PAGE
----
“Jordan Beech, Head Coach, Oklahoma Baptist.”
As you might imagine, that got me some funny looks when I first introduced myself during the new coaches’ recognition at last year’s IWLCA annual Meetings. It just comes with the territory when you’re coaching in a lacrosse Siberia. And honestly, I wouldn’t have it any other way.
A little about myself: I’m Oklahoman born and raised. It’s a state that has a whopping 10 boys’ programs and four girls’ programs at the high school level. Really, I can’t even imagine how my 14-year old self would feel knowing that watching the Cornell men’s lacrosse team’s 2005 quarterfinal game would eventually lead me to become one of the sport’s biggest evangelists in my home state.
So back to last year’s IWLCA Meetings. We had the coaches’ networking dinner where we had to discuss pretty much anything under the sun as it related to coaching. It wasn’t a surprise when the first thing I was asked is why I would take the job in the backwater country of the sport. I mean, there’s no recruiting base to speak of in-state, and the closest places for me to recruit with any sizable lacrosse-playing population are three hours away (Dallas/Fort Worth), six hours away (Kansas City) and nine hours away (Denver). Never mind the typically… dated view most of the country has of the state in general (I promise I’m not writing this from horseback on the way to my teepee).
So why would anyone want to coach college lacrosse in Oklahoma? I think Coach Dennis Short from Rollins College said it best during his National Collegiate Recruiting Conference presentation a few years ago when talking about how he recruited student-athletes to a school with no scholarships and less-than-decent facilities. Any student-athlete that steps foot on Oklahoma Baptist’s campus does it for the love of the game, especially in the last couple years, as we’ve gone through the transition process from NAIA to Division II and haven’t had the opportunity to qualify for the postseason.
Aside from that, it’s what I know. I helped grow the game on the boys’ side all through high school; my friends and I started the first high school boys’ program in the state in 2006. Comparatively speaking, the boys’ side has taken off and now has a healthy structure that progresses from the youth to high school ranks. Now, I get the opportunity to help grow the girls’ side at the high school level.
While part of that has just been being a consistent presence at high school games in the state, a lot of it has been through the work I did with Red Dirt Lacrosse this past summer in the club’s inaugural season. Girls were driving anywhere from 30 minutes to five hours to be on this club team. Exposing those girls to competition outside their admittedly small bubble has exponentially increased their growth in just the past three months… never mind all the additional touches on the ball they’ve received from the practices.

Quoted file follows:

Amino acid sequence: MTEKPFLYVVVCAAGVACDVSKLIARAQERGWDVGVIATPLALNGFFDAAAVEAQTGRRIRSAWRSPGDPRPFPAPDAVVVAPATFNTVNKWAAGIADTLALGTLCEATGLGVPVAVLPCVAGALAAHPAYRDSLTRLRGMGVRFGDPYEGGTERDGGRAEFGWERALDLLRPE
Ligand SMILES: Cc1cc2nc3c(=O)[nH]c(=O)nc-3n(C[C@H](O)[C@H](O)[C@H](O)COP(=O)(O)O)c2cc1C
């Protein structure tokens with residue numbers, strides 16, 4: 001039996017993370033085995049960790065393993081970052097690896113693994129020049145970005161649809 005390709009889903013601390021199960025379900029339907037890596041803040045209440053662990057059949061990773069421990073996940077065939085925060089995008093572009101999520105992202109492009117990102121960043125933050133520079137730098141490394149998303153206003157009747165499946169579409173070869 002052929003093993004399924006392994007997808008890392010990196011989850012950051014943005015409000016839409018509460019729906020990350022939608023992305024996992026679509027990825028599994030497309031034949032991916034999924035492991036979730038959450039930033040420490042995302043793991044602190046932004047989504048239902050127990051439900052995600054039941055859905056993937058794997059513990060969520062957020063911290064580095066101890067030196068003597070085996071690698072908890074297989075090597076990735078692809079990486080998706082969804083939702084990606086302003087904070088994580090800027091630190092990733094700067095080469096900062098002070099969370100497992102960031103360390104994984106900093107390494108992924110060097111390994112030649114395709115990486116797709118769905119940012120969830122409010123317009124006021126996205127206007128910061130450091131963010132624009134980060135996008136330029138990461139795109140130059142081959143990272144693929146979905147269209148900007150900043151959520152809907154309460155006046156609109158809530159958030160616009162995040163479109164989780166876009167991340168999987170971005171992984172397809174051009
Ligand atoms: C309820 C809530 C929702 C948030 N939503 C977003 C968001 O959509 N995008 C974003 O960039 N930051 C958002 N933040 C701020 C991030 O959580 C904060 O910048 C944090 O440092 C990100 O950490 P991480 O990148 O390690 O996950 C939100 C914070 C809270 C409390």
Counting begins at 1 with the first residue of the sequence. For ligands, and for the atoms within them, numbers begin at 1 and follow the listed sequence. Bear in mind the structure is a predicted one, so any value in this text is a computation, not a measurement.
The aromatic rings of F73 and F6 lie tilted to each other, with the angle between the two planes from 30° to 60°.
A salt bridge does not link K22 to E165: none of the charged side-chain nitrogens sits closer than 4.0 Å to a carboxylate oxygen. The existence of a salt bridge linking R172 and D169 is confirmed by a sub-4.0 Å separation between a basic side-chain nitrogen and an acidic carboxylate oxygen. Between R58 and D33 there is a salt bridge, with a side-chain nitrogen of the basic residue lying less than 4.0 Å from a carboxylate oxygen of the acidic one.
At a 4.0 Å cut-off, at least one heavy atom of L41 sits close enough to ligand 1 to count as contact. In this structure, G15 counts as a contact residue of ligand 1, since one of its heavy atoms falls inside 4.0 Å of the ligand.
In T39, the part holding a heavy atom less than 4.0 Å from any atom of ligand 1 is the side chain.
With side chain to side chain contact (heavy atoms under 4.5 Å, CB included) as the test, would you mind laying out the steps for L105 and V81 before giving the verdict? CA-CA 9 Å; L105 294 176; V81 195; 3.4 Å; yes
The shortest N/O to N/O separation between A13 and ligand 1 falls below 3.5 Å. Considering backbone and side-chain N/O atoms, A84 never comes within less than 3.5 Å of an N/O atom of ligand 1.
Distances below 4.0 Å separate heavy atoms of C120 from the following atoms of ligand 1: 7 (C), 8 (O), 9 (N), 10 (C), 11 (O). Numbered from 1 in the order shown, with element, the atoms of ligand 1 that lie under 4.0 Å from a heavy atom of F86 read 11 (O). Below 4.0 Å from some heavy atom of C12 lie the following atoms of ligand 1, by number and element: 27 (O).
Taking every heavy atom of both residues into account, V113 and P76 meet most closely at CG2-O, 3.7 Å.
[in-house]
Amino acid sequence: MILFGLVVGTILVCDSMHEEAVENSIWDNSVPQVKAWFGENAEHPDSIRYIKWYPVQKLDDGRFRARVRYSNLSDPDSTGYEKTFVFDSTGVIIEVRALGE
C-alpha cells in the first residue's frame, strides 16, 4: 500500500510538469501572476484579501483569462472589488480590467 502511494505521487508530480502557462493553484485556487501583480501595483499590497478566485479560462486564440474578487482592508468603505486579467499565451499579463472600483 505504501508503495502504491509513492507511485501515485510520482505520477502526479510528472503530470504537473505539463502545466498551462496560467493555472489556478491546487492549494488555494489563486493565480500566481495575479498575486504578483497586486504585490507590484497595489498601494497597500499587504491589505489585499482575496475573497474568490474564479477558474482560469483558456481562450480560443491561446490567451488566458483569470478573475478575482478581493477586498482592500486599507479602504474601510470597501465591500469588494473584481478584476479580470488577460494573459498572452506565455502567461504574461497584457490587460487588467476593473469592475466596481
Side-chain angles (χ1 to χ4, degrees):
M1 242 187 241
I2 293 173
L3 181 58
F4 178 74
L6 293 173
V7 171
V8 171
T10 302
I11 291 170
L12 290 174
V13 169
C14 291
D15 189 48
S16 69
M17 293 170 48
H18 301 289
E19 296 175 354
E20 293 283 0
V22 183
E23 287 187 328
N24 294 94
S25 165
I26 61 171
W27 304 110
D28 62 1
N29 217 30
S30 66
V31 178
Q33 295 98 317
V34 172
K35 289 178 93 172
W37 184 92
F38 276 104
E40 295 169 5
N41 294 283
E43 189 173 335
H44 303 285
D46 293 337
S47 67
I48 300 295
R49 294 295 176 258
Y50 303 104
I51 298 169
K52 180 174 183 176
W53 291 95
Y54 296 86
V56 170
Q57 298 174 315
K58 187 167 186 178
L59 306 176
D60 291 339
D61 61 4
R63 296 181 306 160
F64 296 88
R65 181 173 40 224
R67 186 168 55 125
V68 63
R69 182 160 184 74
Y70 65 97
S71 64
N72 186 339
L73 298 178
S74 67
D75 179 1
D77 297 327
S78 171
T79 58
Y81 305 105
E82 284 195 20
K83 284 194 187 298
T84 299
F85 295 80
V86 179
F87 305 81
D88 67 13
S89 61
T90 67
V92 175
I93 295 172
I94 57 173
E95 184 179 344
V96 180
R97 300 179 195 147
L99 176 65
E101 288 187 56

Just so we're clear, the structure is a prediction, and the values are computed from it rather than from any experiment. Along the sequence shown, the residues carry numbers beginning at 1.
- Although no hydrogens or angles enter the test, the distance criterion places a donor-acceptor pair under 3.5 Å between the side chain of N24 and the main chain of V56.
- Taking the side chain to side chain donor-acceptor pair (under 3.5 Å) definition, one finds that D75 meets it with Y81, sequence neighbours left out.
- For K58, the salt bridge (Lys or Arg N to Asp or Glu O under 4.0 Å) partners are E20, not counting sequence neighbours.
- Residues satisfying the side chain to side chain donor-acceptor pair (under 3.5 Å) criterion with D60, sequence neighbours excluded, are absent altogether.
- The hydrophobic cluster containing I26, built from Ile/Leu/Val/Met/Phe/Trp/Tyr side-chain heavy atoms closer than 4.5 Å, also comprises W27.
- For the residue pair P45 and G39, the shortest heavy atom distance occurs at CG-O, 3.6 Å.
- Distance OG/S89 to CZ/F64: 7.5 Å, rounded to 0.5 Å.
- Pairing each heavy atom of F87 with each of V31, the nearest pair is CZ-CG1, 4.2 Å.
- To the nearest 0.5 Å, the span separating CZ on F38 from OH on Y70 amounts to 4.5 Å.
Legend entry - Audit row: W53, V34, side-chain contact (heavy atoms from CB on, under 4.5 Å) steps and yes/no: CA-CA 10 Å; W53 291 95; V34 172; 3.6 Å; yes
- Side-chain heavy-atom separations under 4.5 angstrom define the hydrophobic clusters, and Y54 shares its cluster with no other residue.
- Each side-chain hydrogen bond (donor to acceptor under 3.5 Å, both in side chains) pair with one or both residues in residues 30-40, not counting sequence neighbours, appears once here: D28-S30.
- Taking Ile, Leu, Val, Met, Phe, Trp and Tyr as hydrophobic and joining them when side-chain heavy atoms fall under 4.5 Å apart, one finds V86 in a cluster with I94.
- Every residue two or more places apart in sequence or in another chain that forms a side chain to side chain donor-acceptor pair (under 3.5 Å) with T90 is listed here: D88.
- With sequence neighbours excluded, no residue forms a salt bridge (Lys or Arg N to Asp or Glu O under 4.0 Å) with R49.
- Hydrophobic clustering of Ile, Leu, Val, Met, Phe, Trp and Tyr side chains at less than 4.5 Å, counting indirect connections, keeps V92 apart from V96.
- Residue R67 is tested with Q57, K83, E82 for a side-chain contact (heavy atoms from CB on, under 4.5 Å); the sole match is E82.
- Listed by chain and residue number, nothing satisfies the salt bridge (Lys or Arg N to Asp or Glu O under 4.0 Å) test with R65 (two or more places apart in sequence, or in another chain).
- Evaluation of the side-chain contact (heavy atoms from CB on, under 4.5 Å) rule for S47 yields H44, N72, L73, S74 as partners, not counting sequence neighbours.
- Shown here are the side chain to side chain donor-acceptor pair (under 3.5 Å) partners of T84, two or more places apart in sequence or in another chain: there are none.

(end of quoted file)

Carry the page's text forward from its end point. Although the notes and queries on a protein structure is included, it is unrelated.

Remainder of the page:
The girls in this state don’t have the opportunities available pretty much anywhere else. Oklahoma doesn’t even have its own chapter within US Lacrosse; we go through Arkansas. The closest summer camps for them up until this past summer were in Dallas and St. Louis. At Oklahoma Baptist, we get to be stewards of the game in a greatly underserved area, and the young women that commit to the Green and Gold understand that. If that doesn’t excite you, you don’t have a pulse!
Not only do I get to grow the game, I also get to experiment in ways that most others might be slightly skeptical about trying. I think sometimes as coaches we get a little to set in our ways, regardless of sport. Coaching in Oklahoma, I feel a freedom to get a little weird with how we game plan and operate.
There’s no doubt in my mind that we finished as the top turnover-causing team in our first season of Division II because of us trying a soccer drill I pulled from FC Barcelona. We don’t sit at the 8 on defense. Our offense is closer to the OKC Thunder and Houston Rockets than the standards of the sport. Without a doubt, I can say I’d be more likely to play a more traditional style if OBU wasn’t on an island six hours away from the nearest Division II school.
If you really stop to look, OBU is just like any other school in the country. We have our challenges, we have our perks. The game’s growth is trending towards the Midwest; the latest NFHS reports show over 1,500 girls participating at the high school level in Missouri. Texas products are starting to litter Division I rosters. There are teams popping up in Iowa, Arkansas and Kansas. Pretty soon, this Siberia will be thawed out, this island will converge with the mainland, and it’ll be just like any other place in the country.
Until then, we’ll keep working to make it happen. That’s why I coach in Oklahoma.